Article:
Jacki Kellum

Juxtapositions: Read My Mind

Category: Jacki Kellum American Girl Doll Club

Short Video Illustrating the Timeline of the Historical American Girl Dolls & A Discussion of How American Girl Dolls Are Important Teaching Resources

©Jacki Kellum January 19. 2017

See More at jackikellum.com Here: http://jackikellum.com/american-girl-dolls-are-an-excellent-way-to-learn-american-history/

American Girl Dolls Are An Excellent Way to Learn American History

You may believe that the American Doll experience is limited to nothing more than the buying of expensive dolls, but that is not the case. From the very beginning, Pleasant T. Rowland launched the company as a way to teach the history of America to girls, and from the beginning, the dolls spanned several generations.

1764 – Kaya – Historically speaking, Kaya is the first American Girl Doll, and she represents the Nez Perce people who migrated down into America during the Ice Age. Although people often say that Native Americans were always here, the reality is that all of the people in the USA are immigrants. But Kaya’s people and other Native Americans got here first.

1774 – Felicity is the Revolutionary War Doll.

1812  – Caroline represents the era of America’s War of 1812.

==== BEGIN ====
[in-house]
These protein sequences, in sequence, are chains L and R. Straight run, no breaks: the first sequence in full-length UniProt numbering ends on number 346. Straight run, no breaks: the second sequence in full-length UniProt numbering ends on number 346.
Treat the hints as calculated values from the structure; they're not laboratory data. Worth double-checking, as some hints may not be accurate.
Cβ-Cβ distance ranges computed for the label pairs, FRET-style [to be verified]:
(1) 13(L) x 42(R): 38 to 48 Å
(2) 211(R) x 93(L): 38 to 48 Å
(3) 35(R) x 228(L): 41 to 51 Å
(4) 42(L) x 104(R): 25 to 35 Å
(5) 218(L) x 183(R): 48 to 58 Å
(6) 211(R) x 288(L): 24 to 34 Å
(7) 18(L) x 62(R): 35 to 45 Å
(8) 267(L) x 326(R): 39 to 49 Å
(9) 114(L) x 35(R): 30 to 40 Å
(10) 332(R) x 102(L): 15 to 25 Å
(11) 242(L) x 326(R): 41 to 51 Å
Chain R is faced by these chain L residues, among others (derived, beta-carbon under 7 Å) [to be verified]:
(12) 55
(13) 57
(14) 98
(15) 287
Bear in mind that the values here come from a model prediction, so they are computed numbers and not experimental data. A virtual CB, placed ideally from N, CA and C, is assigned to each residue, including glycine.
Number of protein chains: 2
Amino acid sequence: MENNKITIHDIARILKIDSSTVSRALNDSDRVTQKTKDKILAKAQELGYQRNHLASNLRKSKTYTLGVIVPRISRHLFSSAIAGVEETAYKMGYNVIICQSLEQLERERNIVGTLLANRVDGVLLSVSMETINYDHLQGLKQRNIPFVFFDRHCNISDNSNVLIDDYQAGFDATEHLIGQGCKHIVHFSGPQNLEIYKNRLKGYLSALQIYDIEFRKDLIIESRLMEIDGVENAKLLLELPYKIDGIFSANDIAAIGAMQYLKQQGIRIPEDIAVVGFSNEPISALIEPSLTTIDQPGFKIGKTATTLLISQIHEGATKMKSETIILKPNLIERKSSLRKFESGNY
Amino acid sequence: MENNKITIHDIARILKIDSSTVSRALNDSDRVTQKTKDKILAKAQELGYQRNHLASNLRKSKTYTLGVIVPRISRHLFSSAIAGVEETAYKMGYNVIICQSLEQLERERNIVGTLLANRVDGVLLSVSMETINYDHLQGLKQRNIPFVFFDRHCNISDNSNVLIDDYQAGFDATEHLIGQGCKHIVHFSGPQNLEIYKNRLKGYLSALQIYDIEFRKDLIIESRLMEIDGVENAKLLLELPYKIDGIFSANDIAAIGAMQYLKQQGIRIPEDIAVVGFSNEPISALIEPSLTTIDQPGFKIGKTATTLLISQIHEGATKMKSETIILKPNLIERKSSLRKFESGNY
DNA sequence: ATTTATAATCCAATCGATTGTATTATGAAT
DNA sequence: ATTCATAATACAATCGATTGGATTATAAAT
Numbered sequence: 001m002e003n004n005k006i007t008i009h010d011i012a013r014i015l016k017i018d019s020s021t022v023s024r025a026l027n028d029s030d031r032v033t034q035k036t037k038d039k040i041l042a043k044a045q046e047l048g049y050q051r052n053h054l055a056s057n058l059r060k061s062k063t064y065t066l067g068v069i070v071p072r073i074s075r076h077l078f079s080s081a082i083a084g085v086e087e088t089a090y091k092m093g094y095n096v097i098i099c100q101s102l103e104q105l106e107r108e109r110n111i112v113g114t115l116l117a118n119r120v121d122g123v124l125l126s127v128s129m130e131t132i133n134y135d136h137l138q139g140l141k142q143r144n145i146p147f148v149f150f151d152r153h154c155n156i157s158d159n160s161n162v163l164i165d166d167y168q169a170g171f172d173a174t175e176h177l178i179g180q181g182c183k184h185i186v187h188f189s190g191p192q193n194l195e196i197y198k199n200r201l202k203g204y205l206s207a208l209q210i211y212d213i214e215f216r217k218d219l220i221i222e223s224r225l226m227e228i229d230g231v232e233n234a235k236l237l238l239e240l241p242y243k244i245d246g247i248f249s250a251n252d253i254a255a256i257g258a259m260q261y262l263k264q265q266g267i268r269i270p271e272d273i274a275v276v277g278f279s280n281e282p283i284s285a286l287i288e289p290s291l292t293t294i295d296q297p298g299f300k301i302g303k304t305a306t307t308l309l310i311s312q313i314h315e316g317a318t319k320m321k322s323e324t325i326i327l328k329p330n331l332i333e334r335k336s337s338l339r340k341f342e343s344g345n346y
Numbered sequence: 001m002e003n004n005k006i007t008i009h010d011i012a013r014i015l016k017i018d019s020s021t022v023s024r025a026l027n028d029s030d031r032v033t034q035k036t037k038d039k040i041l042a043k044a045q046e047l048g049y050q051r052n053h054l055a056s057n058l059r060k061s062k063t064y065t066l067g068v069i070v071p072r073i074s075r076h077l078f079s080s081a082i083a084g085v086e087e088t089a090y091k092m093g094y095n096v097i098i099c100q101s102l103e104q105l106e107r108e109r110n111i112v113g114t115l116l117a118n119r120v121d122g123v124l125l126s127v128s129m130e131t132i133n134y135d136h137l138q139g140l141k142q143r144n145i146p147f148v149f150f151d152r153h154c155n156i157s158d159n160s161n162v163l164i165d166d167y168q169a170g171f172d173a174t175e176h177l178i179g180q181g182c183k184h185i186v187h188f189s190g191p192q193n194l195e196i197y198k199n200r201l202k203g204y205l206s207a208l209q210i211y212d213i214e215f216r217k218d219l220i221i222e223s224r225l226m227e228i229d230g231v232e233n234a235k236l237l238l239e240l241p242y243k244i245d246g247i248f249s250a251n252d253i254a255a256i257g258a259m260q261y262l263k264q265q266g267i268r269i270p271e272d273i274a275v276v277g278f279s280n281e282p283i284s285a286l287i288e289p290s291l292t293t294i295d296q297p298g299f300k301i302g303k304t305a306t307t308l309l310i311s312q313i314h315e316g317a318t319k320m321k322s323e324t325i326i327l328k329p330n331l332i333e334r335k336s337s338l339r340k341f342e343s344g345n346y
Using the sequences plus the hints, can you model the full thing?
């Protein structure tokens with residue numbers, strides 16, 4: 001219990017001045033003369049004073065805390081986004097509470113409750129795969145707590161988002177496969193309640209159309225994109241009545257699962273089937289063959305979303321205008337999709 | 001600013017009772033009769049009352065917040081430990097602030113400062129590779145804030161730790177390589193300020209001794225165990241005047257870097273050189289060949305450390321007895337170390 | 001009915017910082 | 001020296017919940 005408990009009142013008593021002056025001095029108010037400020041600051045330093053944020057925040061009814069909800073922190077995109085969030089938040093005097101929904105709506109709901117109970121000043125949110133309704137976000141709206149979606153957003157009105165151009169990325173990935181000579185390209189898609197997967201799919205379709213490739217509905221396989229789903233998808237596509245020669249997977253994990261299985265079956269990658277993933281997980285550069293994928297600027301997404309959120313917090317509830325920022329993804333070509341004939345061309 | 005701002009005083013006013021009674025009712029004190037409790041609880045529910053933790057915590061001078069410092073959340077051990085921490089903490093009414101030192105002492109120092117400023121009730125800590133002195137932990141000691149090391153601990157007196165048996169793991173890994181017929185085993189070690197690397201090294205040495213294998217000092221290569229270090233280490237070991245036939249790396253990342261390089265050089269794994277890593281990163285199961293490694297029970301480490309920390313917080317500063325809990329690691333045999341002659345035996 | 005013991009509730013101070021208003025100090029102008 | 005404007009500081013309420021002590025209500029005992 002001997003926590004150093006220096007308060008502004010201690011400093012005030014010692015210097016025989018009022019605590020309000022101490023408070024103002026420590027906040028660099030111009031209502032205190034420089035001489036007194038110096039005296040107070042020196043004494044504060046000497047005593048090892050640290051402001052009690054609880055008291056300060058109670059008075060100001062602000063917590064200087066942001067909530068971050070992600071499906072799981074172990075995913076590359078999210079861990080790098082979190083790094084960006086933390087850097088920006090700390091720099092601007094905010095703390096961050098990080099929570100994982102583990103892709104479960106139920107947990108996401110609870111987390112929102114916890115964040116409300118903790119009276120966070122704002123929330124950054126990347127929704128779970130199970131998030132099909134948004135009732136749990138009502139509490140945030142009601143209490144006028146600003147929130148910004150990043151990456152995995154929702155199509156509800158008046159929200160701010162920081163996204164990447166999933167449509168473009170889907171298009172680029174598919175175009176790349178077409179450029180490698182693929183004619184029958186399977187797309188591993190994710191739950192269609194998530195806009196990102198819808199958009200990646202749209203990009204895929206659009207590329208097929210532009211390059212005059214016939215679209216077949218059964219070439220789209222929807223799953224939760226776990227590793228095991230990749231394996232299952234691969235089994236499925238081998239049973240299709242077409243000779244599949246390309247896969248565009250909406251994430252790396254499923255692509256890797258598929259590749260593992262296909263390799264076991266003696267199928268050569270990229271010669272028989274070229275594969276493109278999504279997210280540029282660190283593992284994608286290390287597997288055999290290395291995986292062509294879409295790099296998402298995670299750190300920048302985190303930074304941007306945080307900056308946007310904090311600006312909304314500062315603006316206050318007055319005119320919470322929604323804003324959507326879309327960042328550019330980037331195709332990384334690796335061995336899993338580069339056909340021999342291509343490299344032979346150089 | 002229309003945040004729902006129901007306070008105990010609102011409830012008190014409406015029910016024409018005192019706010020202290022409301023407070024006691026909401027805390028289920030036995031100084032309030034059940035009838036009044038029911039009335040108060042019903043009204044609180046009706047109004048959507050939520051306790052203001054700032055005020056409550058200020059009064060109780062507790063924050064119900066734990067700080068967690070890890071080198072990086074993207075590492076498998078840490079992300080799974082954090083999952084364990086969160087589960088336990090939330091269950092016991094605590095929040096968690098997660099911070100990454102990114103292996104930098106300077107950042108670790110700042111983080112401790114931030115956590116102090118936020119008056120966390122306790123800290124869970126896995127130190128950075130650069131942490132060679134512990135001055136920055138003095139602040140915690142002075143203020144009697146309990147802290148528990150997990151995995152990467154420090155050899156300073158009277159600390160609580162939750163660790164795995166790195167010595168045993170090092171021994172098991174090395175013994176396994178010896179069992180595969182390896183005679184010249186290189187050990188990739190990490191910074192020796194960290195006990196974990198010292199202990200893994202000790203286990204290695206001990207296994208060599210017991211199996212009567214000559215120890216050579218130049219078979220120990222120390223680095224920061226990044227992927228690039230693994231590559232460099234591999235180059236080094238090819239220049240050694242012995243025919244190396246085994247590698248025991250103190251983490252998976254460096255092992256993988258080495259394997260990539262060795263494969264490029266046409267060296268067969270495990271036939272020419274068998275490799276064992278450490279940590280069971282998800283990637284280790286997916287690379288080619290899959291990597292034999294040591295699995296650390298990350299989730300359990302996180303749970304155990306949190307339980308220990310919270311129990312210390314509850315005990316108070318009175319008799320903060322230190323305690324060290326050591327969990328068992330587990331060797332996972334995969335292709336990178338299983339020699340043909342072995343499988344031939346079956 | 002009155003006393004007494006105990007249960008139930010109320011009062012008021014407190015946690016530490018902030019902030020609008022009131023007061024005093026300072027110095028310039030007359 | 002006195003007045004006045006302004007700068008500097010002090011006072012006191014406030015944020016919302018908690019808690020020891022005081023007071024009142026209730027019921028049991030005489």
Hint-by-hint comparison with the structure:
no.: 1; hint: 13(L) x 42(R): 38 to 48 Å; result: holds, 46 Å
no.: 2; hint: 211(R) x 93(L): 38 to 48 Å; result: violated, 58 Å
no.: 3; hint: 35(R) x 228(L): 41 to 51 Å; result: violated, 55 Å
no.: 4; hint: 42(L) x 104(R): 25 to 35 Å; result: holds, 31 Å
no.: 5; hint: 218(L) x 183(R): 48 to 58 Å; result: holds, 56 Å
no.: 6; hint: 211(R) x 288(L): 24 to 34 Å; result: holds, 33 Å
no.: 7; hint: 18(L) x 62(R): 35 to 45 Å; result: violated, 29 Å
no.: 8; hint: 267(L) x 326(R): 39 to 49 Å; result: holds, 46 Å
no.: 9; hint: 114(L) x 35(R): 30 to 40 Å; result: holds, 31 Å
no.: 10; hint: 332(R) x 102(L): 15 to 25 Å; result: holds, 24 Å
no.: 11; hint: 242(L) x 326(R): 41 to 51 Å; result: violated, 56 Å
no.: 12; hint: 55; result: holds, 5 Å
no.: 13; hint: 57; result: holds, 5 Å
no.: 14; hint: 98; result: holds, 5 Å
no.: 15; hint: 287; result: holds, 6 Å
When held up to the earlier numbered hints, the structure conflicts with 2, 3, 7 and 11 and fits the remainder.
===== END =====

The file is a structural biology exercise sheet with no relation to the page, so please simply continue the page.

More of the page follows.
1824 – Josefina represents the Mexican immigrants before New Mexico was a state.

1854 – Kirsten represents the Swedish immigrants and the Pioneers during the Westward movement. She lived in Minnesota.

1864 – Addy was a run-away slave during the Civil War.

1904 – Samantha represents the period when women began to be recognized as equal to men. She represents the turn-of-the-century Suffragist era.

1914 – Rebecca Rubin represents the Russian Jews who immigrated to New York City.

1934 – Kit was a tom-boy during the Great Depression. She was interested in writing.

The List goes on. We have Molly from the World War II era and  Maryellen from the 1950’s

Melody is from the 1960’s, and she represents the popularity of Motown Music and the Civil Rights Movement.

Julie represents the Hippie movement of the late Sixties and the early Seventies.

It would be easy to dismiss the American Girl Doll Company and accuse it of being too commercial and too expensive, but when we look more carefully at the teaching that the company fosters, we need to think again.

In my opinion, The American Girl Doll Company is one of the greatest teaching resources available, and I am thrilled to be in a position to share what I have learned about America through American Girl Dolls.

©Jacki Kellum January 19, 2017


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